Above the roar of battle


A Red Cross Dog saves lives

Aiding those who still draw breath

The Stretcher Bearer’s Voice

Braves the screaming stench of death


Flanders fields are still blood red

Killing is still glorified

Men and dogs are still at war

Will we ever turn the tide?

Robyn Youl



Both sides trained Military Dogs.

World War I dogs were used to carry messages, first aid kits and transmission wiring. Some dogs were army mascots.

Small dogs were also useful in the trenches to kill the hordes of rats that swarmed  in the filth and squalor. Removing sick and dead men from the trenches was difficult. They were high, narrow and usually had stagnant water lying in them. Rats thrived.

The rule was Keep your Head DOWN!!! Sharp shooters on the other side of No Man’s Land were just waiting to put a bullet into any head that poked up.

No Man’s Land was the distance between enemy trenches. It was covered on barbed wire. After the troops had come out of the trenches to Charge the Enemy, No Man’s Land was the place of the dead, the injured and the dying.

The sound of shelling, machine gun and rifle fire began at daylight and did not finish until it was too dark to see.

At night the stretcher-bearers were busy taking the wounded to safety. Other soldiers were collecting Dog Tags or Identity Discs from the dead. These were used to change the records to Killed in Action and send a telegram and letter to the next of kin.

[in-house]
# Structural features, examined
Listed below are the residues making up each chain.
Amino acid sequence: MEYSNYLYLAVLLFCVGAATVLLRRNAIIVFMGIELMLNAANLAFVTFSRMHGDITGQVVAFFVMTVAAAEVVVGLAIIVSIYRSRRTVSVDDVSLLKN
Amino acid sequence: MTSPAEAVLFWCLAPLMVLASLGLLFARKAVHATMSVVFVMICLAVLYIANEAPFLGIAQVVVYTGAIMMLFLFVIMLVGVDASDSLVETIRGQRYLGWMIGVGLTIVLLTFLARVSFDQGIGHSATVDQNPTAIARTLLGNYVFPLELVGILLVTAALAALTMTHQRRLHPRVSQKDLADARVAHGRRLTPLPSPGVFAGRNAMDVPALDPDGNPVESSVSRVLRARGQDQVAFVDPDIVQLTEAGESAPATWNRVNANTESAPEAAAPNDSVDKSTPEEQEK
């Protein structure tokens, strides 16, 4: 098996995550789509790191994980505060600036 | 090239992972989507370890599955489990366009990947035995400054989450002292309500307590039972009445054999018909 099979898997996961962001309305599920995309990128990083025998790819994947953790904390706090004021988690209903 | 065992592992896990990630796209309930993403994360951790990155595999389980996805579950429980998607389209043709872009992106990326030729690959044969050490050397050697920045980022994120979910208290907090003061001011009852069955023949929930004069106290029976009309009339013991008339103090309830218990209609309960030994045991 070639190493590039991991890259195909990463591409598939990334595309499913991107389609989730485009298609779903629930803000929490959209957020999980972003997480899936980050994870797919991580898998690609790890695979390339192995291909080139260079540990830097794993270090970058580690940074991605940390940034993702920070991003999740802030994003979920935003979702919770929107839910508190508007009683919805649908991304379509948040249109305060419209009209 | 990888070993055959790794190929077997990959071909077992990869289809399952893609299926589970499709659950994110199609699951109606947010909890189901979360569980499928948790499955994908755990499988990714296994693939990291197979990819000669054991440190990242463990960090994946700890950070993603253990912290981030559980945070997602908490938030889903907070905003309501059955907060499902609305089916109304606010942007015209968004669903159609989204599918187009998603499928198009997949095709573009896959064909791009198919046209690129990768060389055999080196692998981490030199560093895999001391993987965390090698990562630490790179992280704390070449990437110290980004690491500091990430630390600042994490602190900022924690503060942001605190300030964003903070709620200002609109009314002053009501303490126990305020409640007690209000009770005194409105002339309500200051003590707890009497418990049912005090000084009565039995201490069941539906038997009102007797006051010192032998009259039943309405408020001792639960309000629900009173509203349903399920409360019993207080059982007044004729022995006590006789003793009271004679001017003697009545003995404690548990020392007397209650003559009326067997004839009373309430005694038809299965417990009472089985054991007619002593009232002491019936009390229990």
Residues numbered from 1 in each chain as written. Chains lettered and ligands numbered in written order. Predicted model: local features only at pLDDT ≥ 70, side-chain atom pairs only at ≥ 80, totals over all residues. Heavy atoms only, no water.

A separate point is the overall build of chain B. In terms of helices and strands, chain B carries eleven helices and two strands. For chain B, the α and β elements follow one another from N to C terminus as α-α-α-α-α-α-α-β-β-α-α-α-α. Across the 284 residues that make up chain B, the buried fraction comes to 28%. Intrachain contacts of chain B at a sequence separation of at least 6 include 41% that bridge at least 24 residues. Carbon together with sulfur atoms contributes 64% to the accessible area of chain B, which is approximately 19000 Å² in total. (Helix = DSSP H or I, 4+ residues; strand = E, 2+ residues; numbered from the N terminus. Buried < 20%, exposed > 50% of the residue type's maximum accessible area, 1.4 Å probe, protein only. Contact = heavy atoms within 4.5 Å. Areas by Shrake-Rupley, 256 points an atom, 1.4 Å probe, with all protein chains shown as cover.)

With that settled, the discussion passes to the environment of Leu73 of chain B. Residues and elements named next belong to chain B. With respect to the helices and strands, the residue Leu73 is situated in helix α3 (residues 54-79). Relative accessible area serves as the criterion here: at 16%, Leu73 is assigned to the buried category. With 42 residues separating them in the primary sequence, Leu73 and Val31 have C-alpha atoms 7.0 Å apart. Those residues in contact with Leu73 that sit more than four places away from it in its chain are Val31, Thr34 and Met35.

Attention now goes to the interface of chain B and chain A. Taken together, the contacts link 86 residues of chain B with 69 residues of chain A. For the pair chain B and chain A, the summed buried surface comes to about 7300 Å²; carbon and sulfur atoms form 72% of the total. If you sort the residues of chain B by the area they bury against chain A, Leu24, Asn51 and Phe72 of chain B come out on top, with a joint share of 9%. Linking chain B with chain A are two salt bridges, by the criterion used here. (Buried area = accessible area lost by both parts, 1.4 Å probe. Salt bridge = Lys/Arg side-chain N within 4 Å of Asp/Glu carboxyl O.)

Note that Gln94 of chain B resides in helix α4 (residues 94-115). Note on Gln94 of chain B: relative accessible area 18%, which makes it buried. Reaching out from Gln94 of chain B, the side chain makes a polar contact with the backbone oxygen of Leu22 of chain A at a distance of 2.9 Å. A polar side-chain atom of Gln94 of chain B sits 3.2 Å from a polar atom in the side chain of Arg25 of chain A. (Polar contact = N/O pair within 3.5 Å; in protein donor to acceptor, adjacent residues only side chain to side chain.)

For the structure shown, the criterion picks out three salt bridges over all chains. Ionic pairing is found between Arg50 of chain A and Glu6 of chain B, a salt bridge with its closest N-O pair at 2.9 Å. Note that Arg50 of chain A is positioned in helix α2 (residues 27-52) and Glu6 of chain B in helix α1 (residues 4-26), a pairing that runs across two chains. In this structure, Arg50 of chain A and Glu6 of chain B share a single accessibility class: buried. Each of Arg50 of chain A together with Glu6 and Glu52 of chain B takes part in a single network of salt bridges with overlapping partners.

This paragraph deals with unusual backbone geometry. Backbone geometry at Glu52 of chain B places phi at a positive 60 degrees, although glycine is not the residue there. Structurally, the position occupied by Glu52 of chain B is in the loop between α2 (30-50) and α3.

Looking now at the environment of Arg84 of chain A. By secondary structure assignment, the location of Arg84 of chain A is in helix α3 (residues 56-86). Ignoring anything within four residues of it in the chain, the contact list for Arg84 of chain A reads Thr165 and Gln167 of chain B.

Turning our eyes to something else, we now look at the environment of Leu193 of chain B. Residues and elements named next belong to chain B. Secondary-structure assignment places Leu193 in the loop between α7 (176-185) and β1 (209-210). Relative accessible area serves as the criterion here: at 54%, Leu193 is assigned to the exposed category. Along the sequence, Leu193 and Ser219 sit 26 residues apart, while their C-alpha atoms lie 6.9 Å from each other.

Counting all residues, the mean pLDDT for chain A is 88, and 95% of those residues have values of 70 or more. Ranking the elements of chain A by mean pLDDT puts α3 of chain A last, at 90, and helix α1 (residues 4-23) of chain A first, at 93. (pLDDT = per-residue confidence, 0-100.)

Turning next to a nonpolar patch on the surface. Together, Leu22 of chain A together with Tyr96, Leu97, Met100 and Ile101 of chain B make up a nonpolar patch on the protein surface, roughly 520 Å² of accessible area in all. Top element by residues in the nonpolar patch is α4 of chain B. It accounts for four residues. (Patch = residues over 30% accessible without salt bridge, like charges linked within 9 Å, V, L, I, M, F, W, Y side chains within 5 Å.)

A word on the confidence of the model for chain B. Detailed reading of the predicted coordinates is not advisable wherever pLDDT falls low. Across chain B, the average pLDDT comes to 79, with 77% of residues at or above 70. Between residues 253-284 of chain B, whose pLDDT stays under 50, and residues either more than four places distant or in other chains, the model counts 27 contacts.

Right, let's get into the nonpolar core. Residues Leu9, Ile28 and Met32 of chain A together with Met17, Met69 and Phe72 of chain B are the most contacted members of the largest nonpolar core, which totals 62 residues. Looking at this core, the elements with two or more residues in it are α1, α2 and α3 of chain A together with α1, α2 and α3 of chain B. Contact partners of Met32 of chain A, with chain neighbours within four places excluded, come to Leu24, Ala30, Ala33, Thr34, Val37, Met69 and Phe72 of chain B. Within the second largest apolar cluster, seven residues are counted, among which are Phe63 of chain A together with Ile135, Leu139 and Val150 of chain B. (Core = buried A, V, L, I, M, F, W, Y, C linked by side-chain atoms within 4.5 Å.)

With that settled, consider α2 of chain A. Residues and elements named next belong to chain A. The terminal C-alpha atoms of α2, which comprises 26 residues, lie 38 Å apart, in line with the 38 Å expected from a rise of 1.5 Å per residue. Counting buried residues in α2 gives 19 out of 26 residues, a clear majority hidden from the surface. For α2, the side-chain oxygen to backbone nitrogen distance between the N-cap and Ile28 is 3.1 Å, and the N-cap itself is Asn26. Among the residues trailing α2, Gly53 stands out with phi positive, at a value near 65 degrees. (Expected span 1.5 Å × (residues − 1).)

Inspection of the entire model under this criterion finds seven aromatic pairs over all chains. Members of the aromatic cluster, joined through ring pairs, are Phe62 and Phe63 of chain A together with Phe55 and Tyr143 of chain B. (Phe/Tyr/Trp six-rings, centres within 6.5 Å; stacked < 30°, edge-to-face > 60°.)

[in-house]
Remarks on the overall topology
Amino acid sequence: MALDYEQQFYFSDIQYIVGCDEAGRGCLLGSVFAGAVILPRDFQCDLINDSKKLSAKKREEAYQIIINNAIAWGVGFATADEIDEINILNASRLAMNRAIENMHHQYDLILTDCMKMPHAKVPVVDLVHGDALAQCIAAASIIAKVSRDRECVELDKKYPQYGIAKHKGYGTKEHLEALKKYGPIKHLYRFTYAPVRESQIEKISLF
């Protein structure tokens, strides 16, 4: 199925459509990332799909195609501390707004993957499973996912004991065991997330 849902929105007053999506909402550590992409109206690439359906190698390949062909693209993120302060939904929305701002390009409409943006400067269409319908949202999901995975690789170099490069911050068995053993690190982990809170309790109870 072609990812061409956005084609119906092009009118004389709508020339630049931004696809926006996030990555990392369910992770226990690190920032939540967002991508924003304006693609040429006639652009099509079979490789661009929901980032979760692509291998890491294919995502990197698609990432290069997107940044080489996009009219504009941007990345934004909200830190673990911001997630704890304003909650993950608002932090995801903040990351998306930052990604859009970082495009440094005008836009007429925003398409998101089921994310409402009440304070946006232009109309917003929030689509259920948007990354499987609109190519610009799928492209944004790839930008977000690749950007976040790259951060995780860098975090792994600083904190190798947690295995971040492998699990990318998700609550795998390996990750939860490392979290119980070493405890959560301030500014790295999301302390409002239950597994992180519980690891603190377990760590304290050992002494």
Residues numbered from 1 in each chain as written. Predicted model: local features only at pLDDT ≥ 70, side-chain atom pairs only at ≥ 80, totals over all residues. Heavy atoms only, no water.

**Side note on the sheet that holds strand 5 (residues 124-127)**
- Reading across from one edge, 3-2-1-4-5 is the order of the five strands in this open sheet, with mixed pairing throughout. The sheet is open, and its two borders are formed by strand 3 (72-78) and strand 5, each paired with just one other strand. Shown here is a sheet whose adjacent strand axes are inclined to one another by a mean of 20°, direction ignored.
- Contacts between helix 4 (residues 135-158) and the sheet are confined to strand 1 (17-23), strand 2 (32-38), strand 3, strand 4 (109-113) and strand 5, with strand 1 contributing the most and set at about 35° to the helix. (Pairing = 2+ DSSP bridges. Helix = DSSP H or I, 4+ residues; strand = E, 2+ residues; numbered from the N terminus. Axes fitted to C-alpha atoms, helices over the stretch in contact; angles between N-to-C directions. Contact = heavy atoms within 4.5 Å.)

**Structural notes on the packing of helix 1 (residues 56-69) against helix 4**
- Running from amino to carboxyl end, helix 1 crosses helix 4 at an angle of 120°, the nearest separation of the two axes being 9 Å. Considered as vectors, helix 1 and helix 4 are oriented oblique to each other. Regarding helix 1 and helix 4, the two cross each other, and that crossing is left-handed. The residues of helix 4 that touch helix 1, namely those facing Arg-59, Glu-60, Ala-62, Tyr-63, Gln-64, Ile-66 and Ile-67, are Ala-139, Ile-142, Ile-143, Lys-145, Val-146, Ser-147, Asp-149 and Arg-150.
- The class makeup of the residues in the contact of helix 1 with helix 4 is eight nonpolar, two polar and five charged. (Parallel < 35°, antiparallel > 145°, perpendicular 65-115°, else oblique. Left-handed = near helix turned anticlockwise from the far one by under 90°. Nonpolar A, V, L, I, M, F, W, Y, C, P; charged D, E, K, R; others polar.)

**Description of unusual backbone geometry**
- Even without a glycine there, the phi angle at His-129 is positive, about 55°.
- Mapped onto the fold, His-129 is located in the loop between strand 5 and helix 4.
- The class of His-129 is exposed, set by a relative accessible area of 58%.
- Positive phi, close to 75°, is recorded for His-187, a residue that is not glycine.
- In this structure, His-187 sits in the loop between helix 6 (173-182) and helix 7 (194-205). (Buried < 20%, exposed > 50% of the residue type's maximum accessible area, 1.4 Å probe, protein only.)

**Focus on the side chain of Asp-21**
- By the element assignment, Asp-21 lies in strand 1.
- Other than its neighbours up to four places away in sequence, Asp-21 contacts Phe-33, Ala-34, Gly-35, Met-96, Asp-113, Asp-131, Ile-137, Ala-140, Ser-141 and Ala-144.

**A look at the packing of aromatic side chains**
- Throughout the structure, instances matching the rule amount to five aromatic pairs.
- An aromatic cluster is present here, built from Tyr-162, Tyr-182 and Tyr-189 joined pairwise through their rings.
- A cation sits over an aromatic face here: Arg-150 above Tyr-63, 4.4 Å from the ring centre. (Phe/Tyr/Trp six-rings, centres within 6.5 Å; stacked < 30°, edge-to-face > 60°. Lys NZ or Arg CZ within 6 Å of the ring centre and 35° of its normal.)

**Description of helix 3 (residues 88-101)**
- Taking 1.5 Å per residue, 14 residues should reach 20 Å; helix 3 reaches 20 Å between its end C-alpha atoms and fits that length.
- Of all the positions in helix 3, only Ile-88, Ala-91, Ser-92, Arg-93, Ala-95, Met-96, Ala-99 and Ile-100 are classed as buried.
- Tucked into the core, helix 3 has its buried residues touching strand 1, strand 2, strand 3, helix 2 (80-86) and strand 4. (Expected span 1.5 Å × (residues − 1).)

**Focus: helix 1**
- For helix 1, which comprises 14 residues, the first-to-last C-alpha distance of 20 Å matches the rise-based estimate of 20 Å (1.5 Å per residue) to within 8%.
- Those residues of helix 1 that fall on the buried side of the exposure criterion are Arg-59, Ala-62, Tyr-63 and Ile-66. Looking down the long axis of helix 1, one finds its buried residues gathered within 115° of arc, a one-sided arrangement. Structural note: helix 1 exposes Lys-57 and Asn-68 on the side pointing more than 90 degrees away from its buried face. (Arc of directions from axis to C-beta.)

The Australian Armed Forces still train war dogs. If you love dogs you might like to find out more about them.


Horrie the War Dog  by Roland Perry is an interesting yarn about a dog who worked with the Austrailan Army in Egypt.


“Milking Time” by Julie Thorndyke

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Milking Time


On a ship again, this time
the rocking makes the red gunshot
crevices in my torso quake and sting
with every pitch and dive. Seabirds
hover, like the maggies on the farm—
is it milking time?

The salt-harsh taste of bully beef,
the tepid tea, the damper bread—
in my mind’s eye, I see the flush
of mother’s cheek, as she pours out broth
and settles the little ones to their tea.
Is it past milking time?

Dusk, and in the greying sky
I hear an echo of the galah’s cry.
The cows will be coming up the hill
to stand in the yard, calm and still
with udders full and eyes soft brown—
They know it’s milking time.

Behind closed lids, I long to see the rush
of creamy white fall to the pail. But all
that comes is crimson rain that falls
and pools and comes again. I never thought
that Daisy’s teat would hold a memory so sweet
and make me long for milking time.

Young Bill, my brother still in school,
has risen early, retired late. He fights
his battle in the muddy paddocks of home.
Double milking, morning and night,
until I am home to do my share.
It is long past milking time.

Julie Thorndyke

“Heroes” by Mary Serenc

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Clap, yes clap loudly

For only they know the suffering

Memories etched in time-worn faces

Framed in the windows of the RSL bus.


Clap, clap hard

For the years unlived,

For those left behind.


Clap, don’t stop

For the ones still marching,

Medals hanging heavy on their hearts.


Clap for them

Clap for them all,

For only they know

The silent horror of war.


Mary Serenc